Buying a used car was once seen as a distinctly second-rate option. Your first car might be a used vehicle -- some old banger that you wouldn't mind bearing the brunt of your embryonic driving skills -- but after that, you'd want new all the way. In these straitened economic times, however, used cars are an increasingly inviting option. As the price of a new car climbs, the pre-owned vehicle sector claims a more and more significant share of the auto market. Car dealerships are responding to this, however -- they're trying to win back customers by offering more favourable terms and special deals on new cars.
Both new and used cars have their advantages. A new car is typically more reliable than a used one; breakdowns and mechanical glitches can cause a lot of inconvenience, not to mention expense. Used cars of dubious provenance can be a false economy, hiding hundreds or thousands of pounds-worth of future repairs under their carefully re-sprayed hoods. A used car also has a far lower resale value than a new one, making it a poor investment. While new cars tend to be far more expensive, you can often find extremely competitive special offers that can cut the cost of a new vehicle significantly. It's especially easy to find these online.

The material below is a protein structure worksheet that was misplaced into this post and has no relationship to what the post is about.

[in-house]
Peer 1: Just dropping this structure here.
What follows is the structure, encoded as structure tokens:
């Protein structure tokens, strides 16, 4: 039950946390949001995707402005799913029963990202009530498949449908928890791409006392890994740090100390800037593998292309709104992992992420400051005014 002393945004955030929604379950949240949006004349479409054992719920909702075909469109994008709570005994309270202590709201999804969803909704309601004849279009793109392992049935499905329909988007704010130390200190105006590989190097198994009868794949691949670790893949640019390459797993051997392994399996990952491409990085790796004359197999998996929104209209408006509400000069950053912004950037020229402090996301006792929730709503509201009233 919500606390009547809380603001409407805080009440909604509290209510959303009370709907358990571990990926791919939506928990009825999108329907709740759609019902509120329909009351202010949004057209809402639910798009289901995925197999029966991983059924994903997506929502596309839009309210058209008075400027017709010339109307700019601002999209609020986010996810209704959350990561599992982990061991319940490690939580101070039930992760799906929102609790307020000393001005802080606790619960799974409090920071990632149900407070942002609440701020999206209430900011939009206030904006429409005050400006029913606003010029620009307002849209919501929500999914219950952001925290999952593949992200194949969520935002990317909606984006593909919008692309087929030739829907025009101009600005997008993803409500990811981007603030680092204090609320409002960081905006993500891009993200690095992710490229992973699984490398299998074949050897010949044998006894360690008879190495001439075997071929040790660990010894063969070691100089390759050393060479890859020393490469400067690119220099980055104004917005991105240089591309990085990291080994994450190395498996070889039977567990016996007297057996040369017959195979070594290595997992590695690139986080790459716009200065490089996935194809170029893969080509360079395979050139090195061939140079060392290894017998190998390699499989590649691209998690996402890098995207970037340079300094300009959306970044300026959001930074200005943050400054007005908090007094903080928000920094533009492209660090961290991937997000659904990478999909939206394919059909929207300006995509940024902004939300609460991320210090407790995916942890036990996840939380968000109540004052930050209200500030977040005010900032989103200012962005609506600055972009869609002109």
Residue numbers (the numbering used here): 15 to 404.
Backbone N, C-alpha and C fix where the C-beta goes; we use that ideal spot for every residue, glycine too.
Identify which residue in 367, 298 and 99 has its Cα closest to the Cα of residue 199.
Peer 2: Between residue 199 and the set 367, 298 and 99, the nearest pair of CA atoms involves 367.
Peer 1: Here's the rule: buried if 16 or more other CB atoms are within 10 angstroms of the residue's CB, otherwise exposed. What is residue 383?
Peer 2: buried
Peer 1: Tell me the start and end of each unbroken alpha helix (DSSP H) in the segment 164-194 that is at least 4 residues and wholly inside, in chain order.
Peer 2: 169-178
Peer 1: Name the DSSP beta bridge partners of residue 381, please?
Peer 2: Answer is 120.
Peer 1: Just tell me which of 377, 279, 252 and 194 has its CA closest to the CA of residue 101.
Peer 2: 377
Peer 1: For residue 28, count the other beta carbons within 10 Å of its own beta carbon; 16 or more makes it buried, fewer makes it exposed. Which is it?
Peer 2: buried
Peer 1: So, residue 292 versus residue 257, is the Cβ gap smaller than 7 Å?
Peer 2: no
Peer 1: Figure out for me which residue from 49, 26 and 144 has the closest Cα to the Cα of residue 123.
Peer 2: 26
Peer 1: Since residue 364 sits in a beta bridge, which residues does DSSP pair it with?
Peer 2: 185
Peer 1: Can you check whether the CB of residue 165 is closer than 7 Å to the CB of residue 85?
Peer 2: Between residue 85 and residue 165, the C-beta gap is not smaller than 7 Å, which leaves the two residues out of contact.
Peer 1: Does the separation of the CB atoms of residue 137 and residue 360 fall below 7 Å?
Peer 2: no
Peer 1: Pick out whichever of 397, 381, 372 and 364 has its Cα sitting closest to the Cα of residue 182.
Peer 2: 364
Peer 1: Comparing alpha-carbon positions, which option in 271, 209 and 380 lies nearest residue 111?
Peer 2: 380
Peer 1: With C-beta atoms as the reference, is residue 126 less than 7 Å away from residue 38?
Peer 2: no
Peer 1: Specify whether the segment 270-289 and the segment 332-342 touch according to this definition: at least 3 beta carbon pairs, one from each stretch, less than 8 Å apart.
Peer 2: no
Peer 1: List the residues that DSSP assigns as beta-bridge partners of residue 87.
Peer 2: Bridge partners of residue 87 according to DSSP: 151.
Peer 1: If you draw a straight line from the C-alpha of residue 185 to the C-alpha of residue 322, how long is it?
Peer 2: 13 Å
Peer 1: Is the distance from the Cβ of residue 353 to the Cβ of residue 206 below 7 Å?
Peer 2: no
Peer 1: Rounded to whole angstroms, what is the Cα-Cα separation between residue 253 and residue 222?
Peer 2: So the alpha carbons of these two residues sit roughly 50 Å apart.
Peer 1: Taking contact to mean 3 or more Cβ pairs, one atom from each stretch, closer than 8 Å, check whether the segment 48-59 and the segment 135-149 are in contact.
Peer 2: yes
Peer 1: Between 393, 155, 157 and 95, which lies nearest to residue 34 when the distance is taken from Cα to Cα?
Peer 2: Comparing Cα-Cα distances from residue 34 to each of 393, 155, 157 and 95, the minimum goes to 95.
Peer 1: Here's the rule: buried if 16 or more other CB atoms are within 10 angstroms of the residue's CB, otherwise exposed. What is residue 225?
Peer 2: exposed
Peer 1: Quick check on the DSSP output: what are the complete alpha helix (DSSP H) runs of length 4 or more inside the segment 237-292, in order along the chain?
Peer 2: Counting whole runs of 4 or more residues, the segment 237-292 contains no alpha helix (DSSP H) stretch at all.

Another factor to consider is the rapid advance of technology. Buying an older car means that you won't get to benefit from recent improvements, such as fancier electronic gadgets or enhanced fuel economy. This can affect how economical your car is to run, since there may have been significant improvements even in the space of two or three years.
On the other hand, it's possible to buy used cars that are certified to meet a high standard of good repair and dependability. Some models are particularly reliable and these often retain a large proportion of their future resale value. It can sometimes be cheaper to insure a used model (provided it's in good repair) because the car's value is lower, making a quality used car cheaper to run. The Internet also makes it easier for you to track down quality used cars with low mileage and good provenance.
Not all changes made by the manufacturer between model years are necessarily for the better. You might find a feature that was written out recently more desirable than the current version. For example, maybe you'd prefer to have a manual transmission but the manufacturer no longer offers this in the car you're looking at. Choosing a used car also lets you explore more high-end options than you might otherwise be able to afford, with larger, higher-performance or more luxurious vehicles being brought within your price range. If you're a fan of luxury and the choice is between a brand-new Toyota or a used Lexus, the Lexus might suit you better.
In the end, the choice between new and used largely comes down to resale value. While all cars begin to decline in value as soon as you drive them off the dealer's forecourt, and while some lose their value more slowly than others, you'll recoup more of your money if you're selling a car with one owner rather than two. The drop in value between a second-hand car and third-hand can be very dramatic. If you're looking at your vehicle as an investment and plan to sell in the near future, a new car is the best bet as it will keep its resale value for longer. If you don't plan to sell anytime soon and simply want a quality, reliable vehicle at a good price, a good used car may well be the winner.